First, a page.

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California regulators may decide to penalize oil profits

California regulators may decide to penalize oil profits

California Governor Gavin Newsom said Wednesday he wanted state regulators to decide whether to impose the nation’s first fine on oil companies for undermining prices, revolving after months of negotiations with legislative leaders that failed to produce a deal a law aimed at bringing under control the state’s notoriously high gas prices.

Gasoline prices in California are always more expensive than in the rest of the country because the state has higher taxes and fees than other states and requires a special blend of gasoline that is better for the environment but more expensive to produce.

But last summer, the average price of a gallon of gasoline in California was more than $2.60 higher than the national average – a difference state regulators said could not be explained simply by taxes and levies. Meanwhile, oil companies recorded above-average profits.

Newsom, a Democrat, responded by asking state legislators to pass a law that would impose hefty fines on oil companies if their profits exceeded a certain threshold – with all the money generated from the fines going back to motorists. The bill was so important to Newsom that he took the rare step of calling lawmakers into a special session to pass it, a maneuver that allows them to focus on just one issue instead of being distracted by hundreds of other bills in a regular session.

But the proposal never received much publicity in the Democratic-controlled legislature, where the oil industry is one of the main contributors to lawmakers’ campaign accounts.

On Wednesday, the governor announced he was changing course and would instead ask lawmakers to authorize the California Energy Commission to decide whether such a penalty was necessary and, if so, how much it would cost. The Commission would be assisted by a new independent agency of experts, economists and lawyers with subpoena powers to monitor the petrol market and make recommendations.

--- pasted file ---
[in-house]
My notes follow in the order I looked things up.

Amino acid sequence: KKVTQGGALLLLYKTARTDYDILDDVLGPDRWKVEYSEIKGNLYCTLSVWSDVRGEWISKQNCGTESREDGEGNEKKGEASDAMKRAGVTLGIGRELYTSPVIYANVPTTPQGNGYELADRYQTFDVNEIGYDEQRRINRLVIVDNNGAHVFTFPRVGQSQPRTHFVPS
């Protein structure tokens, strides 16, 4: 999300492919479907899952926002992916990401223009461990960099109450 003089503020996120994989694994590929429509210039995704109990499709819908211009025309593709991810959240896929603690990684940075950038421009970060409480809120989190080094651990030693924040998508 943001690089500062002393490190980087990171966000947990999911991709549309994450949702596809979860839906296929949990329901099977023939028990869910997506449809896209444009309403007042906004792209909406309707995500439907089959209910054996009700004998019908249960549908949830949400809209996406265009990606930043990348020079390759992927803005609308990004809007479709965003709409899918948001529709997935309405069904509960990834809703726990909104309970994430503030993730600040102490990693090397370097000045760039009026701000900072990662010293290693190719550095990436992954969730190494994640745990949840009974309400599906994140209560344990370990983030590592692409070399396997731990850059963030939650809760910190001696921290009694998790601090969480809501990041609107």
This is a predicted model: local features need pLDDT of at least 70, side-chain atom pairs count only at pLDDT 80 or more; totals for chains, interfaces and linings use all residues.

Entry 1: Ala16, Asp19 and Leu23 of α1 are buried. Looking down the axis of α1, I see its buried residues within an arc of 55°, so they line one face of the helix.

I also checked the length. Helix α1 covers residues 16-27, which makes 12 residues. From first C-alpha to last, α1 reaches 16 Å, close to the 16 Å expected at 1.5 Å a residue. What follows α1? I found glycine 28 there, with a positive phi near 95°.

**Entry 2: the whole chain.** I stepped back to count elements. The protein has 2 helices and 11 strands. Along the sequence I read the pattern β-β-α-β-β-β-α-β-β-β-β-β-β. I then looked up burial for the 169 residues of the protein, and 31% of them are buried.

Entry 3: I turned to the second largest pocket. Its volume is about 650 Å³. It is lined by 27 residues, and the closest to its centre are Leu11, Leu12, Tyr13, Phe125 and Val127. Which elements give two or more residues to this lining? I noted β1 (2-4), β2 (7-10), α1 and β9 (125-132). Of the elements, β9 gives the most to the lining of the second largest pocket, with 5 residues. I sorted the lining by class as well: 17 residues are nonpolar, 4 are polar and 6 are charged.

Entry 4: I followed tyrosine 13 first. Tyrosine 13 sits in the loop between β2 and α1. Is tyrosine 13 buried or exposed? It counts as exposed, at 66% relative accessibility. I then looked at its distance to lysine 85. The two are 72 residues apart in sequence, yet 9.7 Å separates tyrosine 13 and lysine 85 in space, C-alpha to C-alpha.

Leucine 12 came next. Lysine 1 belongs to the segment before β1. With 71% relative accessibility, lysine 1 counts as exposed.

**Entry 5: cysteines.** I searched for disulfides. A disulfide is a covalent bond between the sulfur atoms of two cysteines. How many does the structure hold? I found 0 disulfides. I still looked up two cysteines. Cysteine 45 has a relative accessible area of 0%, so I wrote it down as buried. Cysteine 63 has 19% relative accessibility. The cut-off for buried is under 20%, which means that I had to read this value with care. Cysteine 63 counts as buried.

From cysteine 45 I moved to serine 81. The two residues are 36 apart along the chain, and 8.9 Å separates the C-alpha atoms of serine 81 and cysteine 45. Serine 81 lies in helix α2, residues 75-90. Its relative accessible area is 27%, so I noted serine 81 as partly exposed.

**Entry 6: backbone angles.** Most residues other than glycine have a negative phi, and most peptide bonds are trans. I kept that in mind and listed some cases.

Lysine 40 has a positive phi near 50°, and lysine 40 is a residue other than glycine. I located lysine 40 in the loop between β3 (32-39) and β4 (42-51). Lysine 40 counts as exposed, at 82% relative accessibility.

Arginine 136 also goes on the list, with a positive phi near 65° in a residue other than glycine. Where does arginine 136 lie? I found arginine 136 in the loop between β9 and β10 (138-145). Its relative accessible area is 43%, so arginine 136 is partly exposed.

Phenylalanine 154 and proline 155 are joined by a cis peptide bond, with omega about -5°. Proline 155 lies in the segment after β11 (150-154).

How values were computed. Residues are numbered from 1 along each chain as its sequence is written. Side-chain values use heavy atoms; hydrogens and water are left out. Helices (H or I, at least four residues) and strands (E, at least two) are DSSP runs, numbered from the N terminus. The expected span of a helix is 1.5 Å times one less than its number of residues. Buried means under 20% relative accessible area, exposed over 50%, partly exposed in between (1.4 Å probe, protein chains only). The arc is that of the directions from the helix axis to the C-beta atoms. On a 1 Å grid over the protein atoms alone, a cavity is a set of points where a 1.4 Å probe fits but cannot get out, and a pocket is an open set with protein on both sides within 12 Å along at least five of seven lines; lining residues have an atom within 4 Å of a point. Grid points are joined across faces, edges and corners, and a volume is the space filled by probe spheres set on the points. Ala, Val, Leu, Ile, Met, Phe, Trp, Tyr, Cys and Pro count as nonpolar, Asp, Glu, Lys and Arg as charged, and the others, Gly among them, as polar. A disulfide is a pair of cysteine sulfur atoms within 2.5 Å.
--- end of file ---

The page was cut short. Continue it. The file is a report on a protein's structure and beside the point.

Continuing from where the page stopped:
If the commission imposed any fines, the money would not be returned to the drivers.

“What we’re asking for is simple: transparency and accountability to bring the oil industry out of the shadows,” Newsom said. “Now is the time to choose whether to side with California families or Big Oil in our fight to keep them playing by the rules.”

The modified proposal means California may not penalize oil companies at all. But it would give Newsom more control over what happens as he appoints all five members of the California Energy Commission, who also need to be approved by the Democrat-controlled state Senate.

That failed to convince the oil industry, which has been battling with Newsom over the proposal and many other environmental proposals aimed at moving away from fossil fuels in the country’s most populous state.

“It appears the governor wants to create a new state agency and empower unelected bureaucrats to levy higher taxes and drive up costs,” said Kevin Slagle, spokesman for the Western States Petroleum Association, a nonprofit representing the industry. “Ultimately, this proposal does not solve the problem of supplying Californians with gasoline and will likely lead to the same unintended consequences that lawmakers have been telling the governor: less investment, less supplies, and higher costs for Californians.”

State legislative leaders have yet to agree to Newsom’s proposal. But the governor’s office expects lawmakers to hold public hearings on the issue soon, preferably before the summer months when gas prices tend to rise. The Newsom administration did not see the new proposal as a concession, saying the governor made the changes after consulting with experts.

“We feel it’s stronger than where we started,” said Dana Williamson, Newsom’s chief of staff. “This is the only facility of its kind in the country. And it will really set up a watchdog that will watch the industry every day. And then (the Energy Committee) will be able to act on the findings.

Top legislative leaders, Senate Pro Tempore President Toni Atkins and Assembly Speaker Anthony Rendon, did not comment on the new proposal Wednesday night. Republicans, who do not control enough seats to sway votes in parliament, denounced the proposal as a tax that would inevitably be passed on to motorists.

“If Democrats give unelected bureaucrats the power to levy this new tax, they will be responsible for the shortages, rationing, gas lines and price spikes that come with it,” said Republican Assembly leader James Gallagher.


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